There’s a misconception that only fighters battling for titles on television can miss the heat of the ceiling lights, scolding their bare backs as they throw hurtful punches. When boxing is said and done, the best fighters struggle, but what happens to the guys led to the ring in the promoter’s hope of losing? They miss it just as much, Ambler revealed.  

“I like it mostly [life after boxing], but even after all the hard parts of boxing, you do miss it. I still miss it now. I say to myself, ‘I wanna get back in,’ and people ask me about it,” he said. “But I know my limits now and I just have to accept it. Life is good; I’m still known as the town’s boxer and I get recognised at the gym. My friends treat me like a champion, and with respect for what I’ve done.

“The street cred I get in my home town is very nice. They know the names I’ve fought and although I was never a world champion, they know that I was a durable fighter. You see some British fighters who won’t lose for 10 or 11 fights, but they’ll just fade out. I think I’ve put my own little stamp on boxing; I hope my name has stuck a bit. It’s nice in that respect. Boxing is a tough sport, but there’s people who look after you, they’d put you up in their house if you asked and give you whatever you needed.  

“When I fought for the British Masters title, I really wanted to win that one. I trained so hard, and the money wasn’t really an issue at the time, I just wanted to win the fight. But I didn’t. And it makes you think, ‘I could have got the same money for that fight over four rounds’. You lose heart a little bit. You lose face, but losing isn’t really a thing any more. You lose. That’s it.”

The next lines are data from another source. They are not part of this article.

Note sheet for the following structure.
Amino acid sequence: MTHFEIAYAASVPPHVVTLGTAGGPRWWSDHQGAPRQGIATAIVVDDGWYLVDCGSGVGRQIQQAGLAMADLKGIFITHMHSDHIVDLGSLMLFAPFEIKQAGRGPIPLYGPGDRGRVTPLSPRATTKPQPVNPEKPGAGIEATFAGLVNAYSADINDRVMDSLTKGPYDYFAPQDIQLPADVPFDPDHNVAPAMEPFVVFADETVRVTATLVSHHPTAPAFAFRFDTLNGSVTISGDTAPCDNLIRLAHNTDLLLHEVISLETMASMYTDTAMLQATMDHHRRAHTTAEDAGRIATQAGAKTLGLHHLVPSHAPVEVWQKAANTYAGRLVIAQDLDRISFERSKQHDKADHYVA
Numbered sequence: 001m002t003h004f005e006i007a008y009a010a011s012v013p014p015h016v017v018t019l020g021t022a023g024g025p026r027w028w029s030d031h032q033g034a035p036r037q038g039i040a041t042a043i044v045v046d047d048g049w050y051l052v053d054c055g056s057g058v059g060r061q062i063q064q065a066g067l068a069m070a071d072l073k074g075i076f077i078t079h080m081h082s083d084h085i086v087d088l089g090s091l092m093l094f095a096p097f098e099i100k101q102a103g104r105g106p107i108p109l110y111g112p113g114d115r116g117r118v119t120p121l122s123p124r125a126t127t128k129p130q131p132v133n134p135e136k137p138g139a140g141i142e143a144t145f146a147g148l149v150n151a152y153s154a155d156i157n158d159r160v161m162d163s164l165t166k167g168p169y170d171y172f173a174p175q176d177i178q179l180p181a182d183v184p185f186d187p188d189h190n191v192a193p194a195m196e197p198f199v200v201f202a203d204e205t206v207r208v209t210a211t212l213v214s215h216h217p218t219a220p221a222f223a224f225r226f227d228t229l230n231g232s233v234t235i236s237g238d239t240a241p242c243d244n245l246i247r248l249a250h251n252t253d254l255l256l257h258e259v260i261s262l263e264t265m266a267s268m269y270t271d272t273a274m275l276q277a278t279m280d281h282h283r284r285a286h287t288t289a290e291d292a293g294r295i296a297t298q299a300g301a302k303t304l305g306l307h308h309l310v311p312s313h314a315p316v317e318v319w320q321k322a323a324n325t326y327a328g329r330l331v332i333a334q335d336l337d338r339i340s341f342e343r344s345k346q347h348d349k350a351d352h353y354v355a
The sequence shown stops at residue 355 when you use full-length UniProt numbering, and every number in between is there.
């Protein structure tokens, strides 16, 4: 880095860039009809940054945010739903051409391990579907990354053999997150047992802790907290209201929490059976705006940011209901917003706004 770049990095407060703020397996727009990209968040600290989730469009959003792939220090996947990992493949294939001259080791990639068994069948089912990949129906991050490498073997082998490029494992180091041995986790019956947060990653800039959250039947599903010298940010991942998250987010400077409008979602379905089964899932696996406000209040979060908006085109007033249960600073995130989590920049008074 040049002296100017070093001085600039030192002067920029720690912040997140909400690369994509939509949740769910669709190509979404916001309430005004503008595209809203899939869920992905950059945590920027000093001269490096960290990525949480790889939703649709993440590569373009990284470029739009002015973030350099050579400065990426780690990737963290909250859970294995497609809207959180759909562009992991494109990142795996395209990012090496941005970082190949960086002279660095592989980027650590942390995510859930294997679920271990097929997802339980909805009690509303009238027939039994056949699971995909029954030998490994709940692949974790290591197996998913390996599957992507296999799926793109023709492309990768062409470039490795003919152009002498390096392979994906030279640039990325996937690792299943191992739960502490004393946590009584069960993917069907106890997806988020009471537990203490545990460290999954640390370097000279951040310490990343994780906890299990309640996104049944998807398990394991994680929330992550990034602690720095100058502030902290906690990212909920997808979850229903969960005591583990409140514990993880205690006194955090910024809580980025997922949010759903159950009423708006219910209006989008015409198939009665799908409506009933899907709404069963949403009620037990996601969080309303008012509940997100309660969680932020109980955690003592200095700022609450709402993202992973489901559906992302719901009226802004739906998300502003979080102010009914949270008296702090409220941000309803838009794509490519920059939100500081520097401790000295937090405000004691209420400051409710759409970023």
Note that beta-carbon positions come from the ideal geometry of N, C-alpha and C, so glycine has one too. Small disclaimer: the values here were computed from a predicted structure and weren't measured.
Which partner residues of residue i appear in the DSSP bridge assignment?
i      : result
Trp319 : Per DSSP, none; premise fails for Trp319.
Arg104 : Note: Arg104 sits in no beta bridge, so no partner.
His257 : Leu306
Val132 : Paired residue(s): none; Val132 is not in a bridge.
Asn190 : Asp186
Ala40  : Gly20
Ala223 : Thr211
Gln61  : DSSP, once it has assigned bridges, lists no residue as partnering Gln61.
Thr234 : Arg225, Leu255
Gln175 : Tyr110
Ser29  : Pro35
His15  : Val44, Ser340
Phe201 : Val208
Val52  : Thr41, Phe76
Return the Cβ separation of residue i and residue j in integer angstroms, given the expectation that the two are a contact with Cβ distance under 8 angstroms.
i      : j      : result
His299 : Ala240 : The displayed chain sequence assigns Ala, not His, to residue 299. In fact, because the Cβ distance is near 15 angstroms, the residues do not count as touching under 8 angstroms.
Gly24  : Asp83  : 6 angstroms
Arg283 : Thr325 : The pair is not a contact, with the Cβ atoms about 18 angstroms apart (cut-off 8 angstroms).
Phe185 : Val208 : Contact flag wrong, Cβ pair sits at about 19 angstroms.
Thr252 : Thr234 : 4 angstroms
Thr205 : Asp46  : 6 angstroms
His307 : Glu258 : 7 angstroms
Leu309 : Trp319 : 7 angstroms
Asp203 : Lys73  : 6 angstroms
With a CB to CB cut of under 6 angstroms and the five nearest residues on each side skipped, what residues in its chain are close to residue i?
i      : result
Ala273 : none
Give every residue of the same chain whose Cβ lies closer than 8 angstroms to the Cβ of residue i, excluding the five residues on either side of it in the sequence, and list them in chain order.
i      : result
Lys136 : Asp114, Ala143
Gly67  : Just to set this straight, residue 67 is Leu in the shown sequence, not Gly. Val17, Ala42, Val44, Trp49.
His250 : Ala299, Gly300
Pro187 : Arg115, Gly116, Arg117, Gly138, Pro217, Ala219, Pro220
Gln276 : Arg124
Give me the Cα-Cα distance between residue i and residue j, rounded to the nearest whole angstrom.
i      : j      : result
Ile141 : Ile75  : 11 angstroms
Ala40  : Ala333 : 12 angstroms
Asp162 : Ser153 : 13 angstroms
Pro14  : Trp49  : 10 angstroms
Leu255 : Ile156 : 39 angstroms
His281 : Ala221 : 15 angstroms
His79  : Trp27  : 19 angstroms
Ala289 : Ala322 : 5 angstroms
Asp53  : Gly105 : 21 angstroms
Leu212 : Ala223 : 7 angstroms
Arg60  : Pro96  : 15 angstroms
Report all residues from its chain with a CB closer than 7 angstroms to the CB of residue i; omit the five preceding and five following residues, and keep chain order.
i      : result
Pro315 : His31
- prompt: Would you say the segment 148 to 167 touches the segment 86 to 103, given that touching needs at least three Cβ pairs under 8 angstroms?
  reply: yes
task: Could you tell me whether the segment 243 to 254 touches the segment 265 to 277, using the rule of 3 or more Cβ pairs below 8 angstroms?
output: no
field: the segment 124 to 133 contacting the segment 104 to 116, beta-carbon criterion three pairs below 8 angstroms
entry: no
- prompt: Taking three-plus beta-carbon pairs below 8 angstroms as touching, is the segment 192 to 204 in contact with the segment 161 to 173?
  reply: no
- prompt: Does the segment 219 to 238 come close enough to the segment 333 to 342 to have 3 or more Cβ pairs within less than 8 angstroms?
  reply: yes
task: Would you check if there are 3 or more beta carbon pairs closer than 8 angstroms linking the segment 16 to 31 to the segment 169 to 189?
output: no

Becoming numb to the elation and disappointment of results can signal danger for fighters, and Ambler escaped to focus on his family, with his young son his driving force. Many continue, racking up hundreds of fights, losing in triple figures but mostly staying safe. Not Ambler, he didn’t need it anymore.

He regularly spends time with the Welsh Ex-Boxers Association, mingling with like-minded ex-pros and fans alike, discussing boxing’s highs and lows, reminiscing about what could have been and the tiny part he played in the careers of Bellew, Murray and Williams.  

It might be small, but it’s significant. Ambler proudly told Boxing Social, “Even though I never won a title, I feel like I’ve walked away a champion with all that I’ve done and I hope I’ve left my little boy something to look up to.

“We’re a big part of the sport. Without us away fighters, you wouldn’t have these boys today, these world champions. The stepping-stones we give them, we test them and you can’t imagine a world with everyone fighting 1-0 fighters. Everybody would be petrified of losing. There would be no development. They need to see if they can make it to British or European level.  

“I would like to have [had] a go at staying unbeaten, but I’m not upset at what I’ve done. I’d like to have won an area title fight, but I look back at it and think, ‘Okay, maybe I should have put a bit more money away’. I wanted to hit 100 fights. I find in boxing, you can say you want to stop at a certain time, but boxing chooses when you stop fighting. When your body’s not right, it tells you, you don’t tell it, you know? It’s ‘get out before you get hurt’, really. That’s the most important thing to me now, to spend that time with my family.”

Main image: Jamie Ambler (left) takes on former world champion Robin Reid in Bolton in 2011. Ambler lost 39-38 on referee Steve Gray’s card. Photo: Dave Thompson/Press Association.